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Kimberly Thouviner Vangol

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How do you feel teachers should teach multiple languages simultaneously? How many languages are too many for primary school aged children?

As an international school teacher, I am sometimes split in my teaching theories when teaching languages. For the past five years, I have been teaching in English to children from all over the world. These children come with different language capabilities. The way our school is set up now is the homeroom classroom is primarily in English, but students are allowed to converse with another student in their mother tongue. If the child in my homeroom has no to little English ability they get EAL (English as another language) support by special classes focused on teaching English from an EAL teacher. Once the child meets the language continuum criteria they are removed from the EAL class, get intermediate support in the homeroom class and during this time they also begin to learn the host countries native language.
I am concerned because here the child is just learning English, gets somewhat of a grasp on the language and is then introduced to another language. So now this child is gaining understanding in English but is now being expected to start the process over again with another language.
This is where my concern lies because I know how intelligent and resilient students are but I sometimes wonder: Shouldn't the child get a full grasp and understanding of one language before having to start another? I also see that learning a language is a educational tool as well and now that they developed the skill of knowing how to learn a language they are more likely to grasp the concept. So as an educator I feel torn especially for Asian and Arabic students that are learning a new alphabet system as well.
I would love positive feedback on studies, research, and teaching practice from other international communities. I am interested in researching proactive teaching for global language learning. My goal is to see how others are practicing and what has been successful. This will help with my implementation on language learning for my students. Thank you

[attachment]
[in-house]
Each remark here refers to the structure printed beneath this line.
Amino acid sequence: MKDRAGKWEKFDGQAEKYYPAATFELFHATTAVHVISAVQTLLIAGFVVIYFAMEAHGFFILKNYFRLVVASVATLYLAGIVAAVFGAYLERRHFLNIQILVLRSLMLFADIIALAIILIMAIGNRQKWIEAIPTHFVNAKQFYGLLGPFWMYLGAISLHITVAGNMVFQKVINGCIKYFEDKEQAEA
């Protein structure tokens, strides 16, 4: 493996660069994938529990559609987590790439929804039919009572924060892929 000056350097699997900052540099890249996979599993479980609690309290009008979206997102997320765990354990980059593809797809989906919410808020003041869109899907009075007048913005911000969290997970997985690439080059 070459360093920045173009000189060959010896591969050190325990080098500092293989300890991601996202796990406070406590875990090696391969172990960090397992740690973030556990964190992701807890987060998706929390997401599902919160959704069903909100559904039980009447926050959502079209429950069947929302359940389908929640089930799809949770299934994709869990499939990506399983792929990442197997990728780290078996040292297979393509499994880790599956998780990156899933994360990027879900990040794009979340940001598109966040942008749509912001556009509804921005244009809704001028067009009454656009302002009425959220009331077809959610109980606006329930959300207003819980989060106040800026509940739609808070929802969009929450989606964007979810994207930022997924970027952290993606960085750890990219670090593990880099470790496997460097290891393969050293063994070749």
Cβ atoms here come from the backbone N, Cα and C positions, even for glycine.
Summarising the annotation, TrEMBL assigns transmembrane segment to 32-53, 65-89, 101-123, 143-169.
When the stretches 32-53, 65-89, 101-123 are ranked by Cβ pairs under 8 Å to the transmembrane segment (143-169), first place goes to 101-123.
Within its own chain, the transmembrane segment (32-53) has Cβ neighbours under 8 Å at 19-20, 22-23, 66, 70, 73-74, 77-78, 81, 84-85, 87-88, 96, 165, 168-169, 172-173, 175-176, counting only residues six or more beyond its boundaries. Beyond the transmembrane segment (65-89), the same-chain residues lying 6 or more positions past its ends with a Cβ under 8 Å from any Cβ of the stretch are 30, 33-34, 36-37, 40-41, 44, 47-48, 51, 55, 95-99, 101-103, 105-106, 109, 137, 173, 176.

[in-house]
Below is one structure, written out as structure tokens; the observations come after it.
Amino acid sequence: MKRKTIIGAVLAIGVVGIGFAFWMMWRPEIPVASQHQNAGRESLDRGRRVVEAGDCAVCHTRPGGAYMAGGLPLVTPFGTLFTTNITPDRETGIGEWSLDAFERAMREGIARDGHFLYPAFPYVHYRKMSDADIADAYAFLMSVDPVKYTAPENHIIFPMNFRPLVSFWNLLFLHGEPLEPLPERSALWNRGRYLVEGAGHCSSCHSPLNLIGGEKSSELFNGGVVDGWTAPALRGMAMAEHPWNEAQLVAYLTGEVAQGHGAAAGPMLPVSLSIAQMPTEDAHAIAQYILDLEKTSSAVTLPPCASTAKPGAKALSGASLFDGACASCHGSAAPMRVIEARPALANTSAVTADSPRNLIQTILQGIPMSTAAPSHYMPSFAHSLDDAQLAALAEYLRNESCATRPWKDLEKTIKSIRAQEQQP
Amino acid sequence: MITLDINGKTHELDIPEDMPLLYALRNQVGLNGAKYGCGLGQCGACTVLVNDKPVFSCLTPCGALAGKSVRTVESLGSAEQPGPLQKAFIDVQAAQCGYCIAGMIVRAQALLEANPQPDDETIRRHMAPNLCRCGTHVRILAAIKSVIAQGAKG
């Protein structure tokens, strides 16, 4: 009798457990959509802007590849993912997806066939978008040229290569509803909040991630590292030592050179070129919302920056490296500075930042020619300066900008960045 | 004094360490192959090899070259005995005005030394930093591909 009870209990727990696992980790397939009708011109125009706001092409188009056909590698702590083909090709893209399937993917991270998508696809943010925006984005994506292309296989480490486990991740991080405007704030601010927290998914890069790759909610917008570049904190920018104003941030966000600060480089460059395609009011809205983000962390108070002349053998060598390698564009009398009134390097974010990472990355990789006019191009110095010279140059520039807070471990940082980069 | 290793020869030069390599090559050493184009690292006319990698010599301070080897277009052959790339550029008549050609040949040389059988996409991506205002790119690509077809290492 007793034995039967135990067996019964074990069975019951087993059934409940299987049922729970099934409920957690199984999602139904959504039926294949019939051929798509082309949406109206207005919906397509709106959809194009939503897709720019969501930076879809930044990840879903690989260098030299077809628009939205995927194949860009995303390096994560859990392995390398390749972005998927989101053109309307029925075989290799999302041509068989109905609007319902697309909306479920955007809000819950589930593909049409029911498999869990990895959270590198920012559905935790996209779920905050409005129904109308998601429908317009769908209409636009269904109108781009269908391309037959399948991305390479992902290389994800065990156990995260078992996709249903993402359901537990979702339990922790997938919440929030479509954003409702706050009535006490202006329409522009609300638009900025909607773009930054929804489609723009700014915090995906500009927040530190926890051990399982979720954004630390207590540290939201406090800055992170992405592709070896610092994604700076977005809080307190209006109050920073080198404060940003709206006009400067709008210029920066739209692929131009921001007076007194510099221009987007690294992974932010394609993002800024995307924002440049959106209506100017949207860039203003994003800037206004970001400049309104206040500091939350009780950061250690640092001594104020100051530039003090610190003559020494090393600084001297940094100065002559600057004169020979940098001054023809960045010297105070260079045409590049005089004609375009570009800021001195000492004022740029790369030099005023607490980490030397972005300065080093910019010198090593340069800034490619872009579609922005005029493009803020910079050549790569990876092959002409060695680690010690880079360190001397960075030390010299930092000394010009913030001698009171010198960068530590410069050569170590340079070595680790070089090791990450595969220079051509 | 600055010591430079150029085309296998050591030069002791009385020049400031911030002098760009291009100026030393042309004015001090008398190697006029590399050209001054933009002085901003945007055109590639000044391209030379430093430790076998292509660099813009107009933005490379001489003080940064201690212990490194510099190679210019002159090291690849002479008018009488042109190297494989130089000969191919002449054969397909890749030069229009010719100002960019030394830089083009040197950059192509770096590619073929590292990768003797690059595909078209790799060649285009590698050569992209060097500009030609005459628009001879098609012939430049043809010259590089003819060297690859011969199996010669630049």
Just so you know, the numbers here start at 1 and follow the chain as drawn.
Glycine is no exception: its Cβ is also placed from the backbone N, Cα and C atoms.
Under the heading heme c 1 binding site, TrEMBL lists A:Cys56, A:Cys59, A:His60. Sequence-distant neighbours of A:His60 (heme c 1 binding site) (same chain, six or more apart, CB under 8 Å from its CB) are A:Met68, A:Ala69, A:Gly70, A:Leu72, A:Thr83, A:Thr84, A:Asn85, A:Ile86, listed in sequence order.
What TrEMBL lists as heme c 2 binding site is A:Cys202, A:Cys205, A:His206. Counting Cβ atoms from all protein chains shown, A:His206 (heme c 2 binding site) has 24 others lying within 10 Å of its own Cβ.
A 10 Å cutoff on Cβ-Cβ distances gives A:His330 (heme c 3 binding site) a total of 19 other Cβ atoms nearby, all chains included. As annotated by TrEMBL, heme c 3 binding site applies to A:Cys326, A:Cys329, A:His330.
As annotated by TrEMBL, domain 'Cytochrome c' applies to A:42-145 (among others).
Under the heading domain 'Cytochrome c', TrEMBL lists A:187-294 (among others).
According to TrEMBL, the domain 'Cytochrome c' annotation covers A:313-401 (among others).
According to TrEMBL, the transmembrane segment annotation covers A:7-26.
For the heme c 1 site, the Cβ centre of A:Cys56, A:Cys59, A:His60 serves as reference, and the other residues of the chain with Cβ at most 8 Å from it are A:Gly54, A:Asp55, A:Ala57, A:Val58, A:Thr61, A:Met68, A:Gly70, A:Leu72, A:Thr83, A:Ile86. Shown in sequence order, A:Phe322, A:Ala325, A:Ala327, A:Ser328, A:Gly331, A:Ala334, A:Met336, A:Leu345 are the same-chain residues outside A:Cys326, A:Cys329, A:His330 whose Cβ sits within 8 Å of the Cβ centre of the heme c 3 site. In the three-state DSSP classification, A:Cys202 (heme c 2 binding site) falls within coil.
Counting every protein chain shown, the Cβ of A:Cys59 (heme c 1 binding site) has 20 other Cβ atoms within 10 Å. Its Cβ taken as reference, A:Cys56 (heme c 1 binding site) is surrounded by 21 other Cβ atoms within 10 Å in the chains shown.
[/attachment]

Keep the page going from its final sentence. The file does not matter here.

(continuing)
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    Apr 15 2014: Kimberly, I think it would be absolutely great.. It is not only beneficial to learn different languages when children are still very young - but also the only best way. When we are very young we are the most fantastic imitators, especially in terms of language, mannerism, even mentality. We do lose these abilities as we grow up.


    Can you re-post your great TOPIC? because I see this existing one is about to expire.

    Thank you!
  • Apr 15 2014: I think it depends upon the age you start at. I know many who started at k handled multiple languages quite easily. Learning multiple languages, even at an older age, forces the mind to become more flexible and opens up many possibilities of different thought processes.
  • Apr 15 2014: "I am concerned because here the child is just learning English, gets somewhat of a grasp on the language and is then introduced to another language. So now this child is gaining understanding in English but is now being expected to start the process over again with another language.
    This is where my concern lies because I know how intelligent and resilient students are but I sometimes wonder: Shouldn't the child get a full grasp and understanding of one language before having to start another?"

    You are right this should be the process . But even if one wants to teach multiple languages then it shouldn't be more than 3 and also it should go in parallel. In India a student generally learns two languages one is Hindi the national language and the Second is the English . And some schools teach three languages , the third one is the language of the community to which the student belongs to. But , all the two or three languages are taught simultaneously.
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      Apr 16 2014: I'd add the following to your excellent comment. :-) :-)

      I think that when we learn more than one language we do much better while comparing - lots of sounds and even mentality can be similar, therefore we memorize the words and the meanings of them faster.

      Our memory is all about this process of instinctive comparison. In case if the languages are sounding drastically different we also compare them with our first language, it helps understand other cultures and even their mentality much better this way, while comparing.